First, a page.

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Downstream Development of Drag Reduction by Pipe Wall Injection of Concentrated Polyox into Water at Reynolds Numbers from 55000 to 140000

Preetinder S. Virk, Fernando Funakoshi, Nikhil Pradhan, and Jason Whittaker. Department of Chemical Engineering, Massachusetts Institute of Technology, 77 Massachusetts Avenue, Cambridge, MA 02139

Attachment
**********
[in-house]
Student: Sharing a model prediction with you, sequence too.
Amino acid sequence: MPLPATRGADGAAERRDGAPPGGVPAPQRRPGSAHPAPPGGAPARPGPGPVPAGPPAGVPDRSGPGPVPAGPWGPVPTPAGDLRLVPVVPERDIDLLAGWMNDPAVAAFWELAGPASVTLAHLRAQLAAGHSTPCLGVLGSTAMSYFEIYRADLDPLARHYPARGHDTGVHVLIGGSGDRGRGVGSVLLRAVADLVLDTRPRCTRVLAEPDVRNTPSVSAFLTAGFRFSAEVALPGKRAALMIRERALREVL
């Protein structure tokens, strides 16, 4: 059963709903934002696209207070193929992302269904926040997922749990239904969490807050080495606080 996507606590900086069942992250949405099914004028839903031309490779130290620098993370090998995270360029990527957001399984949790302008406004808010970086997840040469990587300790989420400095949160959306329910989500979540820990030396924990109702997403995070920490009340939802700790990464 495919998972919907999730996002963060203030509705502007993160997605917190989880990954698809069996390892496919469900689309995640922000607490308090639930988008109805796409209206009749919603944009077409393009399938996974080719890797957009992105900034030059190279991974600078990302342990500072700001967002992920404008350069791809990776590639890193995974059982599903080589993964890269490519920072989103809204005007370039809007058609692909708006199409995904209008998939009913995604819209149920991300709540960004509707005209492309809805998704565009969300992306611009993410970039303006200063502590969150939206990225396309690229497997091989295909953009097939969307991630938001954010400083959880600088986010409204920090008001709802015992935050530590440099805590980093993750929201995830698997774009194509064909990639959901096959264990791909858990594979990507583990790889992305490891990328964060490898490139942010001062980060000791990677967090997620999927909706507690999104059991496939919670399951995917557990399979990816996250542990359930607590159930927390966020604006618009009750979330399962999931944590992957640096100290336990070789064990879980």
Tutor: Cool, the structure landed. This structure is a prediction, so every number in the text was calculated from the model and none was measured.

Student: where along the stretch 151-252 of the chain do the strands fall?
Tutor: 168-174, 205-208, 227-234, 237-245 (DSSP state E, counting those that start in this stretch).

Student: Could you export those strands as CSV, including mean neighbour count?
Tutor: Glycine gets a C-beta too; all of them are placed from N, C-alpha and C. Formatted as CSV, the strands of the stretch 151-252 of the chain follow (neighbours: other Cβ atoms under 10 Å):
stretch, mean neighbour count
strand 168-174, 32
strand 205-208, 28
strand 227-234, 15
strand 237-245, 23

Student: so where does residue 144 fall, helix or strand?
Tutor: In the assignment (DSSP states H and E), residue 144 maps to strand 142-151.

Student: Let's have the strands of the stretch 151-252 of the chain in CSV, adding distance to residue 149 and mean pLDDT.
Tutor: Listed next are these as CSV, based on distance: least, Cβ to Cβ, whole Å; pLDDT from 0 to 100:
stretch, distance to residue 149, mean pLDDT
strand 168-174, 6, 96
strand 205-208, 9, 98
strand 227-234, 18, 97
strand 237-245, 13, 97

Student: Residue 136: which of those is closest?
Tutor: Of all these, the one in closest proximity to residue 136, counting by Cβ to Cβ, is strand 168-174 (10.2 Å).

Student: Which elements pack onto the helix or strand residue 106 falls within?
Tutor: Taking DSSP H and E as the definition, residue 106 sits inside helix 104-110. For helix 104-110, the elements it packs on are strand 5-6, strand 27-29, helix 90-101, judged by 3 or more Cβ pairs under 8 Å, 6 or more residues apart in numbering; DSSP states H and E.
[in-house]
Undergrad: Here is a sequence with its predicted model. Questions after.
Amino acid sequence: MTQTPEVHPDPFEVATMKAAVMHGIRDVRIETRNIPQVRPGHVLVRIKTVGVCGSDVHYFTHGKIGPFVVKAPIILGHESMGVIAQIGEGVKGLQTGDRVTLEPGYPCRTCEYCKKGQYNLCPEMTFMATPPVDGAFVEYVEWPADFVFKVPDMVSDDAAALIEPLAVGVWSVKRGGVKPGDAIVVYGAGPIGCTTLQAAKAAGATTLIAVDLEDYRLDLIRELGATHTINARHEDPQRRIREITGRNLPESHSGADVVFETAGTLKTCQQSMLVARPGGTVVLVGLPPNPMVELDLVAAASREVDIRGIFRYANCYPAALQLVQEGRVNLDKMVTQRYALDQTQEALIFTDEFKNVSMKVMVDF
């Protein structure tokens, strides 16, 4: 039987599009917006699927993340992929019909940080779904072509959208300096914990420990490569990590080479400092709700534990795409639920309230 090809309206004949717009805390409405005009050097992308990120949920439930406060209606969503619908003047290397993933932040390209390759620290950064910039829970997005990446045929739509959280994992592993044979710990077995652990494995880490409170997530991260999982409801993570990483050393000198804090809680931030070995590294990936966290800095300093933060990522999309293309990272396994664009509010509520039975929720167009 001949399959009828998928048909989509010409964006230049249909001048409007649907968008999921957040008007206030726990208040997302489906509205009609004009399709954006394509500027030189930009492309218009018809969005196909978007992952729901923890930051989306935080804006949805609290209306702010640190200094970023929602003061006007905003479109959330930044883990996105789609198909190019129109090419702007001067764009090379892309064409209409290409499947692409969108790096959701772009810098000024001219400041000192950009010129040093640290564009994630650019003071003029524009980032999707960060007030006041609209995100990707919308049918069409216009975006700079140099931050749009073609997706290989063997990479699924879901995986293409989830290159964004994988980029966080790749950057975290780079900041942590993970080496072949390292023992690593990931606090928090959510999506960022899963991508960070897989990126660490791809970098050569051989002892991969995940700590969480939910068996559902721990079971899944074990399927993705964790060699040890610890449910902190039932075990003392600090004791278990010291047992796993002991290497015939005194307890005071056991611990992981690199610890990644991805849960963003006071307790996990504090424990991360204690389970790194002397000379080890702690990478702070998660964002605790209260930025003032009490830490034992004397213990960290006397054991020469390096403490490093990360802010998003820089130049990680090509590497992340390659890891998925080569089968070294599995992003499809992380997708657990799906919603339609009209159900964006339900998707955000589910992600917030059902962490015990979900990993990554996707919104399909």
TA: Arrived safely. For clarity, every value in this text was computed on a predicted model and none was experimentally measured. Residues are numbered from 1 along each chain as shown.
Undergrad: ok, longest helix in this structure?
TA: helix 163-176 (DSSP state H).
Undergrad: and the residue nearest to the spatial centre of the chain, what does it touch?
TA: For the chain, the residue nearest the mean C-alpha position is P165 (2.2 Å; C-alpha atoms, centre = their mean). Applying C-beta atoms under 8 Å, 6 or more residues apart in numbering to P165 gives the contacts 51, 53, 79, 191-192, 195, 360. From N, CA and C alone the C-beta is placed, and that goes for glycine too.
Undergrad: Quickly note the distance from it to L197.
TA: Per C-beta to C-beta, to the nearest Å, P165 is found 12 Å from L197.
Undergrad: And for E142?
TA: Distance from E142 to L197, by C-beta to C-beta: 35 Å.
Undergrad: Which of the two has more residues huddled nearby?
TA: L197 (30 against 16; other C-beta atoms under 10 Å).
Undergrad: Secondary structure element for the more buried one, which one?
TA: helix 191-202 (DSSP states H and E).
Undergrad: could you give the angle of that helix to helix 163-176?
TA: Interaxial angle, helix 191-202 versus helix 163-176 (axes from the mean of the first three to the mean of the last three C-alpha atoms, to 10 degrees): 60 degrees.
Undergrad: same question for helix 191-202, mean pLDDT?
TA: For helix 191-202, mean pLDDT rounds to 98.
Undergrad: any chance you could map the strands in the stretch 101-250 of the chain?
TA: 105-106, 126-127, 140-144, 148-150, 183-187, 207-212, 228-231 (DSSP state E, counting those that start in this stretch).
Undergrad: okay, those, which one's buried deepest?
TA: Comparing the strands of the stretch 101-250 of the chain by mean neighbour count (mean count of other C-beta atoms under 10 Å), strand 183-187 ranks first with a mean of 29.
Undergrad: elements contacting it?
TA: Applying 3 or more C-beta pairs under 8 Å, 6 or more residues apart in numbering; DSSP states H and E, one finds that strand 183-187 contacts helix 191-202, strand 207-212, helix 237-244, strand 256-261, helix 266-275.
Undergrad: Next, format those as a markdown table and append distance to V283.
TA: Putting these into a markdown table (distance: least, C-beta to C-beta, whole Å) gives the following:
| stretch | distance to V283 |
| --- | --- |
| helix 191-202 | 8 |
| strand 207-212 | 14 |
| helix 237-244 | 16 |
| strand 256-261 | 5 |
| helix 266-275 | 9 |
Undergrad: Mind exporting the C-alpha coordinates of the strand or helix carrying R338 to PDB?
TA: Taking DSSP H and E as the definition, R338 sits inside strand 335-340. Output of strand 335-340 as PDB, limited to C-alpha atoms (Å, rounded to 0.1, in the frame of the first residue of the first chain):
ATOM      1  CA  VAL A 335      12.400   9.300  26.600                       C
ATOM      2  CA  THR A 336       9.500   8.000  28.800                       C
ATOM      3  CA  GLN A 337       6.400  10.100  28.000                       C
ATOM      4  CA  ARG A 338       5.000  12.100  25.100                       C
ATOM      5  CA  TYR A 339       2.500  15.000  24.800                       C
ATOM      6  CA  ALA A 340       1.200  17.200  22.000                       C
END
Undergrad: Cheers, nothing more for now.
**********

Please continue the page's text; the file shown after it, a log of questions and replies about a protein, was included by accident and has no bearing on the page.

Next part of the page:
The downstream development of drag reduction following wall injection of concentrated polyethyleneoxide solutions into a turbulent water flow was studied by simultaneous pressure drop and flow visualization measurements at Reynolds numbers from 55000 to 140000 in a transparent acrylic test pipe of 15.7 mm ID and L/D = 430. The experiments partially modeled drag reduction in the Trans-Alaska Pipeline System, by roughly matching (i) the pipe friction velocity uô ~ 0.15 m/s, (ii) the backbone chain links Nbb ~ 0.5x106 and downstream concentrations Cline ~ 5 wppm of the polymer additive and (iii) the wall injection of concentrated polymer through equi-spaced circumferential ports at friction-normalized injection velocities Vinj+ ~ 1 << mean velocity V+ ~ 25. Polymer dissolution into the flow was assessed two ways, (i) from the initial increase in fractional drag reduction DR towards the eventual downstream DRline, which provided a characteristic development distance (L/D)dr and (ii) from visual observation and flash photography to reveal a characteristic distance (L/D)pv when red-dyed strands of the injected solution disappeared. Specific results are: (i) Friction factors for solvent, deionized water, adhered to the Prandtl-Karman law for fully-developed turbulent flow in smooth pipes, and injection of red-dyed water “blanks” gave (L/D)pv ~ 50, with corresponding eddy diffusivity to kinematic viscosity ratio ~ 150. (ii) Concentrated polymer solutions with Cinj from 500 to 5000 wppm provided downstream polymer concentrations Cline from 0.1 to 100 wppm that exhibited DRline from 0.15 to 0.80, the latter close to the asymptotic maximum drag reduction possible at the present Re. (iii) Drag reduction development distances (L/D)dr ~ 100 were generally much lower than the dyed polymer strand disappearance distances (L/D)pv ~ 150 to > 400, at all Cline and Cinj. The contrast between the insensitivity of (L/D)dr to Cline on the one hand, and the sensitivity of (L/D)pv upon Cline on the other, is discussed using modern notions of Type B turbulent drag reduction physics.